Film Reviews, Long Review

Germania, Anno Zero [Germany Year Zero] (1948)

2/4

After having bought Italian filmmaking to the attention of the rest of the world with the excellent Rome, Open City and following that up with the even more brilliant Paisan, Roberto Rossellini went to Germany to film the final part of his war trilogy, entitled Germany Year Zero. Unfortunately, with the concluding part of his war trilogy he failed to built on the fantastic work he had managed to create already, instead creating a film that, despite its extremely dark and depressing subject matter, never manages to drag itself out of a dirge-like pit of emotional dullness.

Make no mistake, this is an easy contender for one of the darkest films I’ve ever seen. It deals with many of the same subjects that other neorealists had concerned themselves with – poverty, hunger, the lives of those on the margins of society, whilst also finding a way to include patricide and paedophilia into the mix – but amidst its near-documentary desire to produce reality as it is, it fails to produce a dramatically engaging reality. This is a film which knows only one note to play; it is resoundingly, continually miserable, and the primary problem is that it never does anything with this misery. It just there onscreen for us to look at.

Amidst this, there are aspects which I very much enjoyed. Rossellini was a man who knew how to use landscapes to great effect, something he did in Rome, Open City and Paisan. Here, he gets as much as he can out of the ruined landscape of Berlin; after all, as damaged as some Italian cities were, they could barely compare to the ruined landscape of Berlin. Barely a shot in this film does not contain a background of an empty, rubble-strewn, barren city, one that is truly hollowed out. And in a sense, this is replicated in our main character – a young boy by the name of Edmund (Edmund Moeschke), once a committed Hitler Youth member and now wandering the streets trying to figure out a way to get food for his family, which consists of a stressed sister, an ailing father and an in-hiding former-SS brother. We follow him through the film as he becomes increasingly isolated and terrified about the future. His childhood has been yanked from him by the sins of the older generation, leaving him with little to be cheerful about. In this destitute, hungry Berlin, he struggles to formulate empathy and relationships with others.

We see a variety of episodes in his life, including one particularly sinister one in which the young Edmund meets an old teacher of his who takes him back to his home. The teacher is far too friendly and close to Edmund for us to think of it as anything other than, well…y’know. The recurring theme throughout these episodes is not just the hunger and desperation of Edmund as he tries to make whatever money he can for his family, but also the idea of a Germany that is still reeling from the psychological shock of having lost the war, a Germany that has not even begun to comprehend or deal with its past. These themes are only implied, never spoken out loud, and this is easily where I found the film most interesting. Rossellini, an Italian, seemed more willing to talk honestly about the crimes committed during the war than German filmmakers often did. Importantly, Rossellini delineates between National Socialist Germans and simply Germans – the poverty of the postwar period effects both sections grossly, but it is many of the former Nazis who seem to be struggling with it more so on a psychological level.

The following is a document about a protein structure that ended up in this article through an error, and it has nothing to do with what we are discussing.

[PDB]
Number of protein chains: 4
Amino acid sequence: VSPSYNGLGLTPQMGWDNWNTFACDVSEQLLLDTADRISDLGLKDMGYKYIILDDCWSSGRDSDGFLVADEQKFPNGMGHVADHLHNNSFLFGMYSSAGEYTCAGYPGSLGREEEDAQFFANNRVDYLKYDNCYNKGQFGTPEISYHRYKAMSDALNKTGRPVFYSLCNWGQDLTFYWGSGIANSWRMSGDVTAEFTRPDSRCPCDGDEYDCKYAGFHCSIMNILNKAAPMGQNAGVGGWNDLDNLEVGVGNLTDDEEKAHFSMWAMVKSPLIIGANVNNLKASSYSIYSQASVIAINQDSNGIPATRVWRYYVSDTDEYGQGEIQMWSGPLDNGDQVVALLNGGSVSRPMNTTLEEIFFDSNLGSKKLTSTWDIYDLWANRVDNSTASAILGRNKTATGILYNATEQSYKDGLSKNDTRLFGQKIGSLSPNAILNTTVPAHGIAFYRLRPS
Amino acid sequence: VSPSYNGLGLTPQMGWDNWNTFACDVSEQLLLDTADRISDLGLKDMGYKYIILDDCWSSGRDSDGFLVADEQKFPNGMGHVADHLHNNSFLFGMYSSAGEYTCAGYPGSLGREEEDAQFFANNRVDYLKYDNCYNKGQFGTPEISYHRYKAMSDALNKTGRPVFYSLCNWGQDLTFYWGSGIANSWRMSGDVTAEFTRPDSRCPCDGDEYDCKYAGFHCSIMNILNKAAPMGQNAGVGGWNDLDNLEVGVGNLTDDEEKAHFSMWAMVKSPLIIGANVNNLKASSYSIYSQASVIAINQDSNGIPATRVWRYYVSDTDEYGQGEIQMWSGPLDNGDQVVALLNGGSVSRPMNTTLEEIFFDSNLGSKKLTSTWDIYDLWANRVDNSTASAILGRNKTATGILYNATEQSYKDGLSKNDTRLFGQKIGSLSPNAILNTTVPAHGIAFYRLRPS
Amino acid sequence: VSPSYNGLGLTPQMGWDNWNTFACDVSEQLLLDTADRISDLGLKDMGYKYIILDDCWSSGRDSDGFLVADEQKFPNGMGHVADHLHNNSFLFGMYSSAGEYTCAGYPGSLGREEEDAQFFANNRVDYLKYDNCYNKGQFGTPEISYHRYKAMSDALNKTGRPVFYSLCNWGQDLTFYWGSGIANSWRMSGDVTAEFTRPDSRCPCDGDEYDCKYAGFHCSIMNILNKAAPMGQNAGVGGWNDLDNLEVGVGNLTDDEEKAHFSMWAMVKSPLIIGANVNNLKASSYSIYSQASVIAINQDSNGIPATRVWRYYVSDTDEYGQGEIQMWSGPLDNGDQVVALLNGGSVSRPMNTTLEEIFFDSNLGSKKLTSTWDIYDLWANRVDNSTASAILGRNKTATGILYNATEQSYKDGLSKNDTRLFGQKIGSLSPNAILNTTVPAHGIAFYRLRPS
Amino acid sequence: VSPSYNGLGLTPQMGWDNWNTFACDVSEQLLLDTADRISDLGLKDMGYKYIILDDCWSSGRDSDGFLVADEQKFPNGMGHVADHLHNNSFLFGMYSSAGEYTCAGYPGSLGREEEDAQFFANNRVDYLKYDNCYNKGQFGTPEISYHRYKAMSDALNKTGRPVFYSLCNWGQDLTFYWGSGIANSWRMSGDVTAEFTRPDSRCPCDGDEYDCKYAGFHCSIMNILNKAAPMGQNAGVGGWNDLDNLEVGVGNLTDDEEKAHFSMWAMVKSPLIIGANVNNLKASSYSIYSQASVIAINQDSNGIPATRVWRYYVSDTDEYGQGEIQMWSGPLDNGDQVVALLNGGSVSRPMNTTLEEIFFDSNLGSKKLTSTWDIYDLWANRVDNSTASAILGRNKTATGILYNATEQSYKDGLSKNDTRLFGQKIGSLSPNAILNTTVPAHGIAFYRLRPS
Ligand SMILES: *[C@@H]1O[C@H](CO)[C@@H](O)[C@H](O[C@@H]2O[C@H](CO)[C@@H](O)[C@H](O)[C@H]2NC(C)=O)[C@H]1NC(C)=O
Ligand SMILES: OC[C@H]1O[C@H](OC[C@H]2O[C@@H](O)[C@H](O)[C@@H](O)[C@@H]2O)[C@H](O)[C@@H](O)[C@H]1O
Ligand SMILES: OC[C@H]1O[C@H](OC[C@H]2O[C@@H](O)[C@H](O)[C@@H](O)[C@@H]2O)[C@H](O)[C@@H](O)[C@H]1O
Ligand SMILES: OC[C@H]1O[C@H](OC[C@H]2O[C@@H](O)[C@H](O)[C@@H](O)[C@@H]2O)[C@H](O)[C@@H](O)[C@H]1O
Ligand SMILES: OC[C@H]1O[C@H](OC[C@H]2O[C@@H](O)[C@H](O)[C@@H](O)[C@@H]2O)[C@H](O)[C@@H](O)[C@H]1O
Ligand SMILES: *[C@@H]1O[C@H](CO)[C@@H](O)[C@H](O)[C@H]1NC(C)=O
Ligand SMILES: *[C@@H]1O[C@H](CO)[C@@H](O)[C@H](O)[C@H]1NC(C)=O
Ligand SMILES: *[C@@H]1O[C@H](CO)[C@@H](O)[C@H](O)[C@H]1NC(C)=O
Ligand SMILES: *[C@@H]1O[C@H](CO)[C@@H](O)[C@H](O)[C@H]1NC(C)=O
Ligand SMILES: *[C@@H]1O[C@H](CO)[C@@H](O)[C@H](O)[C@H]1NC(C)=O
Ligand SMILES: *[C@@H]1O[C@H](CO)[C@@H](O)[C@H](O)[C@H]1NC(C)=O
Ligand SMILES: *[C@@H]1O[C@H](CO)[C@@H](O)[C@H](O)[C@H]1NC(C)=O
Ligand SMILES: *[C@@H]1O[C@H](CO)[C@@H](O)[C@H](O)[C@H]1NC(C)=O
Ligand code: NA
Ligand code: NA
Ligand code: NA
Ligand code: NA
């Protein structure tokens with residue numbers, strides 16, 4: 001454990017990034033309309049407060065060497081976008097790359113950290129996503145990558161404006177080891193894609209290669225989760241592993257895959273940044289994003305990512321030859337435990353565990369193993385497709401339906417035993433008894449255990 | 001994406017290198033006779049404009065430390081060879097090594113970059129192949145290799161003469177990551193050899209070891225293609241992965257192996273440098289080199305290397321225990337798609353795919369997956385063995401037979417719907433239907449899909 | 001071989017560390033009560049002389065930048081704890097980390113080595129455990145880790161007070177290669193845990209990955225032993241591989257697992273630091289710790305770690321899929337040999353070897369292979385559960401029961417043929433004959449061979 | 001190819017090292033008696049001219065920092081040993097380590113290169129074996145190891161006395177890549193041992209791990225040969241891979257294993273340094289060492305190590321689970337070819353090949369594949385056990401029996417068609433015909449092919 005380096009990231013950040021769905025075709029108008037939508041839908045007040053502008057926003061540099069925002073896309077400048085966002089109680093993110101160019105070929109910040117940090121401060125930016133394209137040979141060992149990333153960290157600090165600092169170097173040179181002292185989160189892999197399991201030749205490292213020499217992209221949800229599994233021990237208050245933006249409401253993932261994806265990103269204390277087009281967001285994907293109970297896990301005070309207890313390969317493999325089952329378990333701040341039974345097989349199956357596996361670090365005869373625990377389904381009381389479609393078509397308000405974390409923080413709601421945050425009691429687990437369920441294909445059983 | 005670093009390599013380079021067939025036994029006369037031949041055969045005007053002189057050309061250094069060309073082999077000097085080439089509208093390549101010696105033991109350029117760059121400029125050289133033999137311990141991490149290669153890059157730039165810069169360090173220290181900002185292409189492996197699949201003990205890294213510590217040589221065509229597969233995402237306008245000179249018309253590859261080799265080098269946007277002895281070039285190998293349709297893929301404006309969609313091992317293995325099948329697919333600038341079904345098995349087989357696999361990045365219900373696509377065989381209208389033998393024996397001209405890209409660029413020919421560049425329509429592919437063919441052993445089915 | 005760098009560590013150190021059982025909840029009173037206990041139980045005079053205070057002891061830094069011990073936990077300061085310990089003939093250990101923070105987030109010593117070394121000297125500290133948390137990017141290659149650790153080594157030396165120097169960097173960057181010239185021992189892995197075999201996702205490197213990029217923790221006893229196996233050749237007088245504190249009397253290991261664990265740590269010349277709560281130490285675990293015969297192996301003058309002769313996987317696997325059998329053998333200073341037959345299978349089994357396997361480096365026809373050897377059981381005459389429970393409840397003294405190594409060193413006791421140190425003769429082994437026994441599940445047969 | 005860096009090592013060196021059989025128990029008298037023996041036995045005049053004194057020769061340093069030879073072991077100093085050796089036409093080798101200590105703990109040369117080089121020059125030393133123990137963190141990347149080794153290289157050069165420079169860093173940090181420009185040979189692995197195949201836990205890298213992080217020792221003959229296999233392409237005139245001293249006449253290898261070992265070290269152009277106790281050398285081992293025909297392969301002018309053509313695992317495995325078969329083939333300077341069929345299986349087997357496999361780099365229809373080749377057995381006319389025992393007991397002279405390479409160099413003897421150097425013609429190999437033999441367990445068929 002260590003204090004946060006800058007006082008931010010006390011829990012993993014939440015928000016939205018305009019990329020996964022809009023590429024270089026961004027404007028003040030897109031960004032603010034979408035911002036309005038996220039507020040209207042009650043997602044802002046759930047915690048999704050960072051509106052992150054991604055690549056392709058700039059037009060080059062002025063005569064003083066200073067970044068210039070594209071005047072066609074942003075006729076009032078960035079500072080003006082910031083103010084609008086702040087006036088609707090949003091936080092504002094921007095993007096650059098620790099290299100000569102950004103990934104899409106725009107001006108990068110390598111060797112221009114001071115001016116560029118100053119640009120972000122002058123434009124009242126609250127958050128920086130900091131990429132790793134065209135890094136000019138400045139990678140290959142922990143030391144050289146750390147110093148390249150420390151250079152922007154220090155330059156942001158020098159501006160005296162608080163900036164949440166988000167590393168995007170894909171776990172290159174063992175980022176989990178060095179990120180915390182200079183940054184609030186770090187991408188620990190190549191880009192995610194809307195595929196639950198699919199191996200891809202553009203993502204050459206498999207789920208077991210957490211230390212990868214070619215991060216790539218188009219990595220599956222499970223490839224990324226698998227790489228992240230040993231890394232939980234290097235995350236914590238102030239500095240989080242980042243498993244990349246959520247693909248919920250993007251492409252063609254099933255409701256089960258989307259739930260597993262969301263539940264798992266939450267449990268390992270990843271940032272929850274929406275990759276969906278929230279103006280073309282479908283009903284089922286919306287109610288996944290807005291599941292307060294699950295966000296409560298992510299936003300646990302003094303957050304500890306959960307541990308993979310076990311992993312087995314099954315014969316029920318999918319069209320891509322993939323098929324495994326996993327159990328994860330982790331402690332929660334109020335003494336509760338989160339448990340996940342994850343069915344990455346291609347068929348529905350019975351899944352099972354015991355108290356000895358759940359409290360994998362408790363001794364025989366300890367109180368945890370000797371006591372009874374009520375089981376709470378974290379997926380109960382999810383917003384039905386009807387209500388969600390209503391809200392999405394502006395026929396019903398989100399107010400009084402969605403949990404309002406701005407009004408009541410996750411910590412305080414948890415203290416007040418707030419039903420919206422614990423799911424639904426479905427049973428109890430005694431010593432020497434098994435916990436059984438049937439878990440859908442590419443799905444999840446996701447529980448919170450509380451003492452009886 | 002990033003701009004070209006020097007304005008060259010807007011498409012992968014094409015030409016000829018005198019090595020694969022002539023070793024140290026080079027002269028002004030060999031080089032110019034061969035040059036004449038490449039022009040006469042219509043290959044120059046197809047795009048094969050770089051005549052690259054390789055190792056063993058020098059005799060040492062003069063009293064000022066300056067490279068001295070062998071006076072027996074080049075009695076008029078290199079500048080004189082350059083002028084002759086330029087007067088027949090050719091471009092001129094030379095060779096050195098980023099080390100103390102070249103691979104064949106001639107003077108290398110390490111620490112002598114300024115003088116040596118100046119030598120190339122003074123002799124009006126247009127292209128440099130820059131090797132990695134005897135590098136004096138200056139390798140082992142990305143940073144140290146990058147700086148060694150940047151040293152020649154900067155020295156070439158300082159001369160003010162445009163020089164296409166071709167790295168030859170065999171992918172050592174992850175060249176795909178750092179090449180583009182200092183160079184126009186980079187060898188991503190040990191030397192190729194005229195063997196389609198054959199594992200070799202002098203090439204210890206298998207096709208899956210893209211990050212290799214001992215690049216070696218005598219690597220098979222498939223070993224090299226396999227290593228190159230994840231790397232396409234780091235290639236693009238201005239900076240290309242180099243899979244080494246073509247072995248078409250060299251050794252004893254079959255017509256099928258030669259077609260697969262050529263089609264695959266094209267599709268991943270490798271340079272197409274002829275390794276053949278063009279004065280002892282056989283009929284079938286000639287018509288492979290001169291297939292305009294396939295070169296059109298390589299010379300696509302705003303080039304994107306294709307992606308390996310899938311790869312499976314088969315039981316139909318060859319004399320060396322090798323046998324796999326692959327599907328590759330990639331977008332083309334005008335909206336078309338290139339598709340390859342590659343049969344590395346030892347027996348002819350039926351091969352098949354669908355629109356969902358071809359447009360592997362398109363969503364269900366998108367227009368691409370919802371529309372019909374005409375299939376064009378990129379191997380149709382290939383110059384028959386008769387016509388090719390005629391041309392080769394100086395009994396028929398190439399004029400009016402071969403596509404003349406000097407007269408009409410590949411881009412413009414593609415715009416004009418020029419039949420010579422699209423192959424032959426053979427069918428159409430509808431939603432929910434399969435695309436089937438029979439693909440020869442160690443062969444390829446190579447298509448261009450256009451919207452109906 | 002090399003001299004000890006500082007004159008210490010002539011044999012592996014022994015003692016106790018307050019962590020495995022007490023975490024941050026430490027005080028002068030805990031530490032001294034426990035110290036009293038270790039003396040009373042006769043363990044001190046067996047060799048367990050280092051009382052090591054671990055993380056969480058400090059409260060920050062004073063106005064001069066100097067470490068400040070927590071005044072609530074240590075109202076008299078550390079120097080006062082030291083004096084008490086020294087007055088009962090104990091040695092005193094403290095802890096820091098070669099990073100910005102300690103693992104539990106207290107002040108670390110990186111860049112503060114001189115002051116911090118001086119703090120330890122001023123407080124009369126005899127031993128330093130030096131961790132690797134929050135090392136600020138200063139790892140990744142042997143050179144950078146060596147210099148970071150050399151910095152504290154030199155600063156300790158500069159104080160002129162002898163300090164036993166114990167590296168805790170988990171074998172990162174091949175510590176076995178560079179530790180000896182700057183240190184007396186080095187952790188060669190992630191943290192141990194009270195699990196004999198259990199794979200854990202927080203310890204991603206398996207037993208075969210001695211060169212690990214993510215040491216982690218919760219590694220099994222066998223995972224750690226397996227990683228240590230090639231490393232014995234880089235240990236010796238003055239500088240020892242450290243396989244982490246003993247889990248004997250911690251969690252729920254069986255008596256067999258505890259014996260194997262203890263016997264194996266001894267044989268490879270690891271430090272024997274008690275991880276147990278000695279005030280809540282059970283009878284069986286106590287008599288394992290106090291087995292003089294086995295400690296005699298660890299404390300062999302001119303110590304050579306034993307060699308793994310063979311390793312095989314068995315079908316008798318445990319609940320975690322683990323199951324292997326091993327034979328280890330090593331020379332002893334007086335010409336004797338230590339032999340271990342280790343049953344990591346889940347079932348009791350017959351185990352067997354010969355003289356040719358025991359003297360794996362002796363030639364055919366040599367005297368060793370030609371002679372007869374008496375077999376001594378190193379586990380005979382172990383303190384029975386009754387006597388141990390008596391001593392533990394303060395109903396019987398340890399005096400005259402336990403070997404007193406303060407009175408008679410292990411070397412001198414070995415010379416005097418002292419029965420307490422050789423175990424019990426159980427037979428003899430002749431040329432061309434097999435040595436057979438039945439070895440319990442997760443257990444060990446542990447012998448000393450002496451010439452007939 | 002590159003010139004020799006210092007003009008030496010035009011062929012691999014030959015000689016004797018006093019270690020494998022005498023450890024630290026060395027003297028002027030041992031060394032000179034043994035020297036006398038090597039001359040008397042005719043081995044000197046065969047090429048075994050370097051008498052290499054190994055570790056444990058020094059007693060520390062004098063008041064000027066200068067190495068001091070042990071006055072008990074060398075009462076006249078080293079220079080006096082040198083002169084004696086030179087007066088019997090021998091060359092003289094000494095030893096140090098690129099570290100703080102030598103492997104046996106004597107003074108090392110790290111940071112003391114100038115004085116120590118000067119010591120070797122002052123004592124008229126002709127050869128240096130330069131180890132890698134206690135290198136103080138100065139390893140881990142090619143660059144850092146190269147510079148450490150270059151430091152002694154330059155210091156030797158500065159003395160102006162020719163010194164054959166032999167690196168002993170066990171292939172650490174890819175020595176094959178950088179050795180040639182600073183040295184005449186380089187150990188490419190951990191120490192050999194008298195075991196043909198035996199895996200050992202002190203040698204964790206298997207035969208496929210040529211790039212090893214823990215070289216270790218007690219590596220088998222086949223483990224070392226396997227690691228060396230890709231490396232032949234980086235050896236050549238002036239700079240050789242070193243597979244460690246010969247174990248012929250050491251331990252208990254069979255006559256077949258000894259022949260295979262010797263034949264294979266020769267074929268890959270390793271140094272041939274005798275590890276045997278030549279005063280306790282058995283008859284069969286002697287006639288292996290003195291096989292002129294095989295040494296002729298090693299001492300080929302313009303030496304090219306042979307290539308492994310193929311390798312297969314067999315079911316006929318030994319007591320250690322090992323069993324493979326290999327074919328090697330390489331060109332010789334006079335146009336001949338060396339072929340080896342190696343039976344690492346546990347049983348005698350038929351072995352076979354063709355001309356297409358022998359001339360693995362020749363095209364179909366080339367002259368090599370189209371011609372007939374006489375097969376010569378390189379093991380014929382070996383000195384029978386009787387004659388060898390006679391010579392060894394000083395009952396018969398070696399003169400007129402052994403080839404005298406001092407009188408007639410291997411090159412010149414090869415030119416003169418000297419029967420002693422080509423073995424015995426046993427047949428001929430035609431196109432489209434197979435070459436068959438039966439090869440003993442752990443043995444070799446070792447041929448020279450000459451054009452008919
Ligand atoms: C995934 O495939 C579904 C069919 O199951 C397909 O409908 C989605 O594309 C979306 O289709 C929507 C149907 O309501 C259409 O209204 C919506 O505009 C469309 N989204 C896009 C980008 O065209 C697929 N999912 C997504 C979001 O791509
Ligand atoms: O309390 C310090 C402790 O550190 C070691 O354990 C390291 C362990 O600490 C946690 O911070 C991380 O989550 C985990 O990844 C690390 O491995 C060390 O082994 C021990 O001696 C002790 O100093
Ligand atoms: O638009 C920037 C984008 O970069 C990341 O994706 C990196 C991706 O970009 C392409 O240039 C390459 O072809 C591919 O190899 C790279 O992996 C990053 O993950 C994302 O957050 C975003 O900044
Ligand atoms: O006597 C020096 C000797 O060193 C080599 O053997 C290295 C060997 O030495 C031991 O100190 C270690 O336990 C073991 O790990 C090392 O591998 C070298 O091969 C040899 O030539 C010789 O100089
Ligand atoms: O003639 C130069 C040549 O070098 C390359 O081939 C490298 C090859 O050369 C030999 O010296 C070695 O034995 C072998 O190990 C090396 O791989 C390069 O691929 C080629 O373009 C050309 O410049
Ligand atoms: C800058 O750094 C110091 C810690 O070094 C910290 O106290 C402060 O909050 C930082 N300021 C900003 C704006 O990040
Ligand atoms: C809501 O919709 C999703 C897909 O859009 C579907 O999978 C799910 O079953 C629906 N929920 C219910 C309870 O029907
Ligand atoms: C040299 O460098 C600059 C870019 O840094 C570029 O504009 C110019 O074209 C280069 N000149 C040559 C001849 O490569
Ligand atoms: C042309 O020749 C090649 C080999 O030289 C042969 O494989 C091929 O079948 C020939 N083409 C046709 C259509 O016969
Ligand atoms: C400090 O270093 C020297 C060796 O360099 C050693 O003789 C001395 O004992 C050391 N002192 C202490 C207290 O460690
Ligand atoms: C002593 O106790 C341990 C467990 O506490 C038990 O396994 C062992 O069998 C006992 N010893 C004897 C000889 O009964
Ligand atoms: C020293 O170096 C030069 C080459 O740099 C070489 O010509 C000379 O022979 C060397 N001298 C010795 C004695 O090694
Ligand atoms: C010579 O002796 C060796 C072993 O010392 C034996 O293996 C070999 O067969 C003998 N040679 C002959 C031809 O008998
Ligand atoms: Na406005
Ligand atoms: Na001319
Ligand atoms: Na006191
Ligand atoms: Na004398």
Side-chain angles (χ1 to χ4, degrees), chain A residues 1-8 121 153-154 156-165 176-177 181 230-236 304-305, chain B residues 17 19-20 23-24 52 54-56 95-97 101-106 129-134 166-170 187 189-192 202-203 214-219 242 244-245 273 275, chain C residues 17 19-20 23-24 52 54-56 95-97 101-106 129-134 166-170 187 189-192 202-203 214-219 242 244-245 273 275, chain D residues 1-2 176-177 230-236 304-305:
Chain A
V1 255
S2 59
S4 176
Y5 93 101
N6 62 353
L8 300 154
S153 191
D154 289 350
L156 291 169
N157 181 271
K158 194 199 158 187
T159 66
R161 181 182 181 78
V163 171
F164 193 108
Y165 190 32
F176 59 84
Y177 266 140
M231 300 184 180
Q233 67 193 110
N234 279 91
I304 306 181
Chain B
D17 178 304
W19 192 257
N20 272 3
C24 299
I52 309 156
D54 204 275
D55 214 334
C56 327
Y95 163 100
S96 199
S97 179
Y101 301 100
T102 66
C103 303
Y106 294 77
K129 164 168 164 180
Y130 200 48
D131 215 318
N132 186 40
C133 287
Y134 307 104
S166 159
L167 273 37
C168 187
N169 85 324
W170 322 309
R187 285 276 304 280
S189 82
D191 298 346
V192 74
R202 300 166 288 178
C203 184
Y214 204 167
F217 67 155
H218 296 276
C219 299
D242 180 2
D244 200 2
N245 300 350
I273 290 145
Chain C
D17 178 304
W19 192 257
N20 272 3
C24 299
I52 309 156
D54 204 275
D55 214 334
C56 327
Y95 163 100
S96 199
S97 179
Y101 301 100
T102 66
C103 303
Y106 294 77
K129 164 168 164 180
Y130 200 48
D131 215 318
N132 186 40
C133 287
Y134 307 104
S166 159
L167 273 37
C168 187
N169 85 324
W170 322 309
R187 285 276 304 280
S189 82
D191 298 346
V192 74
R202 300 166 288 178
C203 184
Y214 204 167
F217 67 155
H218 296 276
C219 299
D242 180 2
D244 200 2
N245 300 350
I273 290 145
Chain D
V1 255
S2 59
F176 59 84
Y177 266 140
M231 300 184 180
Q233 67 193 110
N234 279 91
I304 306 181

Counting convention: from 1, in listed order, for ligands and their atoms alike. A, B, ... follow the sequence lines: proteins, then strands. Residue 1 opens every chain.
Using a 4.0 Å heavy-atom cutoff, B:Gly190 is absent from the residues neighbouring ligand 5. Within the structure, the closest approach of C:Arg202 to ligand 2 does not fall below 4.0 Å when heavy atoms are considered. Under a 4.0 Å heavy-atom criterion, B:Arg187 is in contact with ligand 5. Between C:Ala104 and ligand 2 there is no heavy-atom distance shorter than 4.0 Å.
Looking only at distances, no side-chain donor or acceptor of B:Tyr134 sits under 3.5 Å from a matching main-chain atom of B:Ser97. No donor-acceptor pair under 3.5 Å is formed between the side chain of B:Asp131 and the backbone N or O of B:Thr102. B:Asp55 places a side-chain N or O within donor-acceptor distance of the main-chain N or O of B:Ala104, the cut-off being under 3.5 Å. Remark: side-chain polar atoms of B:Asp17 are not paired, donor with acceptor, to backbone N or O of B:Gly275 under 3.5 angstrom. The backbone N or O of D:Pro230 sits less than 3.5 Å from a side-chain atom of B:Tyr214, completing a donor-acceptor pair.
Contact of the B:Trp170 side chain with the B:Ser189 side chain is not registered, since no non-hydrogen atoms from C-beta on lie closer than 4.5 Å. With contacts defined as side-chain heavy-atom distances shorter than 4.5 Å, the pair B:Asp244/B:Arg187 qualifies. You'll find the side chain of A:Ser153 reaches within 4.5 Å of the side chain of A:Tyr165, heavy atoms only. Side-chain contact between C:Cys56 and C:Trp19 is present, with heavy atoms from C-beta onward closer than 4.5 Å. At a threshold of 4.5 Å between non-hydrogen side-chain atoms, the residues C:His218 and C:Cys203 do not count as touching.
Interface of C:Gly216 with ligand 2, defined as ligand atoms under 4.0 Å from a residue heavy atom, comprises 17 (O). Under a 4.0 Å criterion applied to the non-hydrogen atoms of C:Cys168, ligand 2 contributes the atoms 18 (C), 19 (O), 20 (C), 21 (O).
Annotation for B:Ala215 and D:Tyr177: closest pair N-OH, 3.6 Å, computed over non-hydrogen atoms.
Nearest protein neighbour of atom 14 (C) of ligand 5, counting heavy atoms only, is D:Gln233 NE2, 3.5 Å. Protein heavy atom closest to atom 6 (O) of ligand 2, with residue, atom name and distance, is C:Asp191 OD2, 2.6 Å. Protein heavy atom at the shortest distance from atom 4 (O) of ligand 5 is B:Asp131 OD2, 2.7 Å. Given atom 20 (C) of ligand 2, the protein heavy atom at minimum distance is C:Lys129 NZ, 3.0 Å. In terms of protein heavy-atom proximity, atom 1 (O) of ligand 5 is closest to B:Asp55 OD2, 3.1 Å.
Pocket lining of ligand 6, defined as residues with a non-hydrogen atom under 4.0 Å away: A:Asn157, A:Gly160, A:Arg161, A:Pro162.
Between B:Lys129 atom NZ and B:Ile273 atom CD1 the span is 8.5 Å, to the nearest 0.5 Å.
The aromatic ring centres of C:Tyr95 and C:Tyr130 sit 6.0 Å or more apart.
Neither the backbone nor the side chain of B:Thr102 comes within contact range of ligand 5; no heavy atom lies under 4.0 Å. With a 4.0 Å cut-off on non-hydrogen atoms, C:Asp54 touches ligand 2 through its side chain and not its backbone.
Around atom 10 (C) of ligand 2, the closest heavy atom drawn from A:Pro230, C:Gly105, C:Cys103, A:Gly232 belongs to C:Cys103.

Of Rossellini’s war trilogy, Germany Year Zero is by far and away the most ‘neorealistic’ of the three. It ticks almost all the boxes for the movement: amateur actors, heavy use of location shooting, an awareness of poverty and life at the margins of society, simple, purposely non-dramatic plots. Yet, this is no Bicycle Thieves. Germany Year Zero is an interesting film, especially from a historical perspective, but I honestly cannot call it a particularly good one, whereas Bicycle Thieves is of course a masterpiece. The latter has charisma and grace. The performances, though amateur, are brilliant. Who can fail to feel sympathy for that film’s young star Enzo Riola and his cherubic onscreen presence? It is a performance of real honesty and truth. Here, Edmund Moeschke is wholly cold to those around him. The film makes a point that it is very much the environment that has shaped him rather than him being born ‘evil’, so to speak, yet he is still a wholly unlikeable character. He clearly has, throughout the film, some vague sense of what is right or wrong, but he seems far too impressionable to ever be able to act it out. With the film’s unerring sense of misery, it produces a film that is rather difficult to like. The final ten or so minutes with an utterly despondent Edmund wandering through the rubble of Berlin are incredibly poetic and sorrowful, easily the highlight of the film. However, as I understand, Rossellini initially had pretty much the whole imagery of the final ten minutes in his head from the start, and shot the rest of the film around that. Perhaps that shows why Germany Year Zero was not a very good film – the structure and thematic succinctness of Rome, Open City and Paisan are simply not there from the beginning of Germany Year Zero, leading to a film that sags and drags.

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